Discover more from The Comma Project by Devin Baker
💡🧐 Curiosities | Round 1
On the art of tracking, connection through conversation, passion, and more
Happy Friday to the 67 of us, up from 64 last time. I’m so glad you’re here.
I spend the majority of my days searching for great ideas.
I’m constantly searching for ideas that help us make sense of our lives and the world around us.
How does the world work? Why is it like that, and why did it come to be that way? How did it work in the past? How will it work in the future? How should it work? Why do humans do what we do? How do we live better? How do we feel better? Who else feels what I feel? Who else is thinking about these questions, and what do they say? Did people from a thousand years ago ask these questions? How did they respond? What’s true?
(As an aside: I search for ideas, not answers. I believe we should each, first, determine what questions matter to us. Then, I believe we should each go on our own journey to determine the answer - not simply take what others have said as gospel.)
I live for the gems of inspiration and wisdom embedded in the great ideas that we’re rewarded with when we search. These gems inject my days with jolts of energy.
This feels a bit embarrassing to admit, but I know when I’ve found these gems, because my heart rate picks up. Once I find the first glimpse of a great idea, I struggle to focus on anything else. It’s as if there’s a force like gravity that pulls me into the rabbit hole. Fighting it feels futile. Actually, I don’t even want to fight it. So, I go in.
Some of what I find is junk, but some are diamonds. And when I come out the other side, I am so excited to share the diamonds. The only thing more energizing than clutching these diamonds myself is sharing them with people who are also looking.
In my past essays, I was sharing these gems in a section at the bottom.
The challenge is, it turns out (perhaps unsurprisingly) that my writing can be quite long and dense. I don’t want these gems to go buried yet again under thousands of words.
So, I’m starting to send smaller, more digestible downloads of some of these gems separately from the more in-depth essays. I’m calling it Curiosities, and they’re for you, the curious, and this is the first round.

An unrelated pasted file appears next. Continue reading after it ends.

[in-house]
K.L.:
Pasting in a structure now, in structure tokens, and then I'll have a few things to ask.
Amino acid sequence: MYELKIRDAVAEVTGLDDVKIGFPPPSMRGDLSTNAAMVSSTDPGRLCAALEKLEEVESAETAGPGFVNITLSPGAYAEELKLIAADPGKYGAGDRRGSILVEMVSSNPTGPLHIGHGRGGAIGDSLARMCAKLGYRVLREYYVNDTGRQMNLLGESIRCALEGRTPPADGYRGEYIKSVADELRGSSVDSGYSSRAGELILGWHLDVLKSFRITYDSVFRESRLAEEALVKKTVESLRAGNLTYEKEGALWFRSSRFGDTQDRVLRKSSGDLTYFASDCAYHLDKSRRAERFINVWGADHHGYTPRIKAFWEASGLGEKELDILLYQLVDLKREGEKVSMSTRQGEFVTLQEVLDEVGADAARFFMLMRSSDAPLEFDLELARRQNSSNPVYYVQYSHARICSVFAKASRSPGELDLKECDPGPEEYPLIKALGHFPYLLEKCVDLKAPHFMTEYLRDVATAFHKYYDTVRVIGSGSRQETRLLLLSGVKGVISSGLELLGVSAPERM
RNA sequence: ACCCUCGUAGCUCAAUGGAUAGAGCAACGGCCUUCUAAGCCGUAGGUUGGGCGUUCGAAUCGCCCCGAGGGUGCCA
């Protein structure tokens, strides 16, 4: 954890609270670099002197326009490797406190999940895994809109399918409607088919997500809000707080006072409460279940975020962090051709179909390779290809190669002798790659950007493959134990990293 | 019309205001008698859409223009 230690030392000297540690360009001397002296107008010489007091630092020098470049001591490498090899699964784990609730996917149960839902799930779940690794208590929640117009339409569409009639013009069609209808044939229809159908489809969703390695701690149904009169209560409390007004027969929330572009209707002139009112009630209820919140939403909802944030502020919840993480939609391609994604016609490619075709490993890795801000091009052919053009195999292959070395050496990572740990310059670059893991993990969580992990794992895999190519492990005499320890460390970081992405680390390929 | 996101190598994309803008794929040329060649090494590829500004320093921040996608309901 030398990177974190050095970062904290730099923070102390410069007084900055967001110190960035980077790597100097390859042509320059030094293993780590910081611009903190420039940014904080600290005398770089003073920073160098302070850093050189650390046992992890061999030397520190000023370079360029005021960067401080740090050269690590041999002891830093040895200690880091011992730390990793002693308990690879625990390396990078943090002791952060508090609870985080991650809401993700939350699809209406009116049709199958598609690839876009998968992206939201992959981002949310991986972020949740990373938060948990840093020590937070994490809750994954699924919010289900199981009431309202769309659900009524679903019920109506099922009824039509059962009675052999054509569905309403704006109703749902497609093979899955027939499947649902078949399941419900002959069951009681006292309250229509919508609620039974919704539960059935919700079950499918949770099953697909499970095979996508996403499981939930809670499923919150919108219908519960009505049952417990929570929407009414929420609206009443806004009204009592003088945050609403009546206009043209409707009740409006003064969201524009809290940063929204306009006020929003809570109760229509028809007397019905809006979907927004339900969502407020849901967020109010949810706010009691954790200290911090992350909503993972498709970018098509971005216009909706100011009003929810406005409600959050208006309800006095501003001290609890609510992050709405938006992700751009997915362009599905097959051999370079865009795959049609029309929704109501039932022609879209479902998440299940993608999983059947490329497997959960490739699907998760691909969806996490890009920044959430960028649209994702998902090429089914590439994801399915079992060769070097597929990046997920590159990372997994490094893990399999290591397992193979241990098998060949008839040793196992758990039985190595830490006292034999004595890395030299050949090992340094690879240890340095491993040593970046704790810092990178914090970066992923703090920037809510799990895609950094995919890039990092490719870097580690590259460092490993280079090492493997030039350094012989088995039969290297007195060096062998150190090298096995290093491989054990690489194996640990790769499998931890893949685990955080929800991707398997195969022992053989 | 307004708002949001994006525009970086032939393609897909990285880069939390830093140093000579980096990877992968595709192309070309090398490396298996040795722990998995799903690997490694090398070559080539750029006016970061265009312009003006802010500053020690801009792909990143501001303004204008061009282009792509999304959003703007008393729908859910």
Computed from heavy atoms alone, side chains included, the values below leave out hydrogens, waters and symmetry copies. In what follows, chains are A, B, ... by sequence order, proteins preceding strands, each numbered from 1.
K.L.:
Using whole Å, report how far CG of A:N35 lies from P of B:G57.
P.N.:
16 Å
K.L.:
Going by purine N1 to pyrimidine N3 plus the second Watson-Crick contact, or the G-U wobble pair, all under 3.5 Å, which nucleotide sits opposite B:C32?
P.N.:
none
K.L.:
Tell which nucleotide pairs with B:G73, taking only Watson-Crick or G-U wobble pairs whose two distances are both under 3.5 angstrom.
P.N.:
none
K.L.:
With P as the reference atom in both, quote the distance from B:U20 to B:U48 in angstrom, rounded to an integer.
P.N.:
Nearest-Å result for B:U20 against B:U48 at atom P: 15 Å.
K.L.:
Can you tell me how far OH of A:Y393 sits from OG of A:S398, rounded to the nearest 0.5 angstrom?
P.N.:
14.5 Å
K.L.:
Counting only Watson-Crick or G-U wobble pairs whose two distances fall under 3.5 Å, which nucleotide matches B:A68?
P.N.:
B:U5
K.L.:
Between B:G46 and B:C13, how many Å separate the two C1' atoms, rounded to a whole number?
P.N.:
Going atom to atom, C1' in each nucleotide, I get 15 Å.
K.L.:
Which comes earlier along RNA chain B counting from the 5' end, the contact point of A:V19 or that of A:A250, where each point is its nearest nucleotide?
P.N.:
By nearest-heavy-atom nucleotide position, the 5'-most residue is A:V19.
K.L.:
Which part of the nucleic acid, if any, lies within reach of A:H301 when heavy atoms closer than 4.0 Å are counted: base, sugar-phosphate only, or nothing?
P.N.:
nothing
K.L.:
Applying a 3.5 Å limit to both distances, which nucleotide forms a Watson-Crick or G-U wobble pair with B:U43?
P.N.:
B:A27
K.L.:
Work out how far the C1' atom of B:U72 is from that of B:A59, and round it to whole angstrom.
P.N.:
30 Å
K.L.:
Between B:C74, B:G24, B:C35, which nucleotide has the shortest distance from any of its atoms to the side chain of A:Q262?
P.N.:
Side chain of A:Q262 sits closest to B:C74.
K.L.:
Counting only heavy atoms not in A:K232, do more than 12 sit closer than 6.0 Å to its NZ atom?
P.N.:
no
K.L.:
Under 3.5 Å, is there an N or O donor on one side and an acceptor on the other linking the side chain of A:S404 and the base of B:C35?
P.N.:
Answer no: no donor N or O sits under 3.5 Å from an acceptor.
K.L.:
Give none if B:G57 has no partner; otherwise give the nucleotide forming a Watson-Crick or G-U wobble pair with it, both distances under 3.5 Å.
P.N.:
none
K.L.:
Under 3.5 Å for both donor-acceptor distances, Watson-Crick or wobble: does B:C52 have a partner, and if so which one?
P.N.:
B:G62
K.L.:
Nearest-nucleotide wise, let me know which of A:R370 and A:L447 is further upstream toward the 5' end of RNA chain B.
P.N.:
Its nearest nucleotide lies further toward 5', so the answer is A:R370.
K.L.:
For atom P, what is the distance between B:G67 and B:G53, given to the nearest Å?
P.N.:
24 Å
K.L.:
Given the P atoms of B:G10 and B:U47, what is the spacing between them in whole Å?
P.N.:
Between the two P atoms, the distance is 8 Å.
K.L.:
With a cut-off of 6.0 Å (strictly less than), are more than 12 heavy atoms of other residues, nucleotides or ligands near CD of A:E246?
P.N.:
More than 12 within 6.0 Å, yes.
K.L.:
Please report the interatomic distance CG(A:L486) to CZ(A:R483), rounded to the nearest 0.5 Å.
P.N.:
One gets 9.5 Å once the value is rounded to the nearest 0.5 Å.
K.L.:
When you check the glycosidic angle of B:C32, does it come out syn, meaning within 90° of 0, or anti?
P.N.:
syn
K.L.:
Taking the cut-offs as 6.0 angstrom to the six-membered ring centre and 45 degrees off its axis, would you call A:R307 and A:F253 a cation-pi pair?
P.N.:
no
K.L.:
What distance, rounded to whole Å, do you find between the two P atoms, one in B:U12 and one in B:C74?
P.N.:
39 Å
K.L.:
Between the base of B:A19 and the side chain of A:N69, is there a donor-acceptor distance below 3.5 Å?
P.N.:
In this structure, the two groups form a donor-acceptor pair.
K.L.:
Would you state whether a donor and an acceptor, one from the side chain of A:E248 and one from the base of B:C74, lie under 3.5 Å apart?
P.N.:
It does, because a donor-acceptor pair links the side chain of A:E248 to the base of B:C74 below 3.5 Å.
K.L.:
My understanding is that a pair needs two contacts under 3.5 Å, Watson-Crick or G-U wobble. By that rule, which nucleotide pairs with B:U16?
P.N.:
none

Curiosity is my compass, great ideas are my fuel, and these gems are what I find.
Let me know what you think.
I hope you enjoy - and if if you do, I’d be grateful if you shared this with a few people you think would also enjoy it.
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Look, I know about half of you have already been sent multiple podcast interviews with Boyd and have had me talk your ear off about him (sorry), but his ideas and stories have been an incredibly important part of the last year of my life
Something about his view of the world, and how much we can gain from learning from the art of tracking animals in the wild South African bush feels incredibly significant to me.
If we drop into a life more attuned to our intuition and move towards what makes us feel energized, we get closer to being on the track of the life we want. He’s also the most entertaining storyteller I’ve ever heard.
I highly encourage a listen.
Steven Bartlett (host of The Diary of a CEO podcast) on The Rich Roll Podcast
Two of my favorite conversationalists gathering to discuss questions that matter.
I particularly love the portion where they talk about the art of connection through conversation - an art they both put on display in their respective podcasts.
I talked about gems earlier. These are diamonds.
David has energy like no other. Listening to him feels like a shot of adrenaline - straight inspiration. It makes me want to run through a brick wall.
Both are fascinating discussions on stories of some of history’s most impactful people living lives of passion, on a mission, and the costs that come with it.
Vintage Packy McCormick on IRL projects
I’ve been revisiting the writing that I first came across from Packy, who now has a massive business strategy newsletter called.
His musings on IRL still resonate deeply. They were the first pieces that pulled me into the Not Boring orbit (I’m now a (small) LP in a couple of his funds as well).
I pulled them back up after I hit send on my own musings on the value of IRL.
Terrence Rohan on building more and raising less
I’ve been thinking a lot about new approaches to funding early stage projects, particularly while thinking about IRL businesses. In fact, I will likely write about it at some point soon.
In the meantime, this piece has some really valuable perspectives on the topic in my opinion.
If you enjoyed this newsletter, forward it to a curious friend and tell them which idea they'd love.
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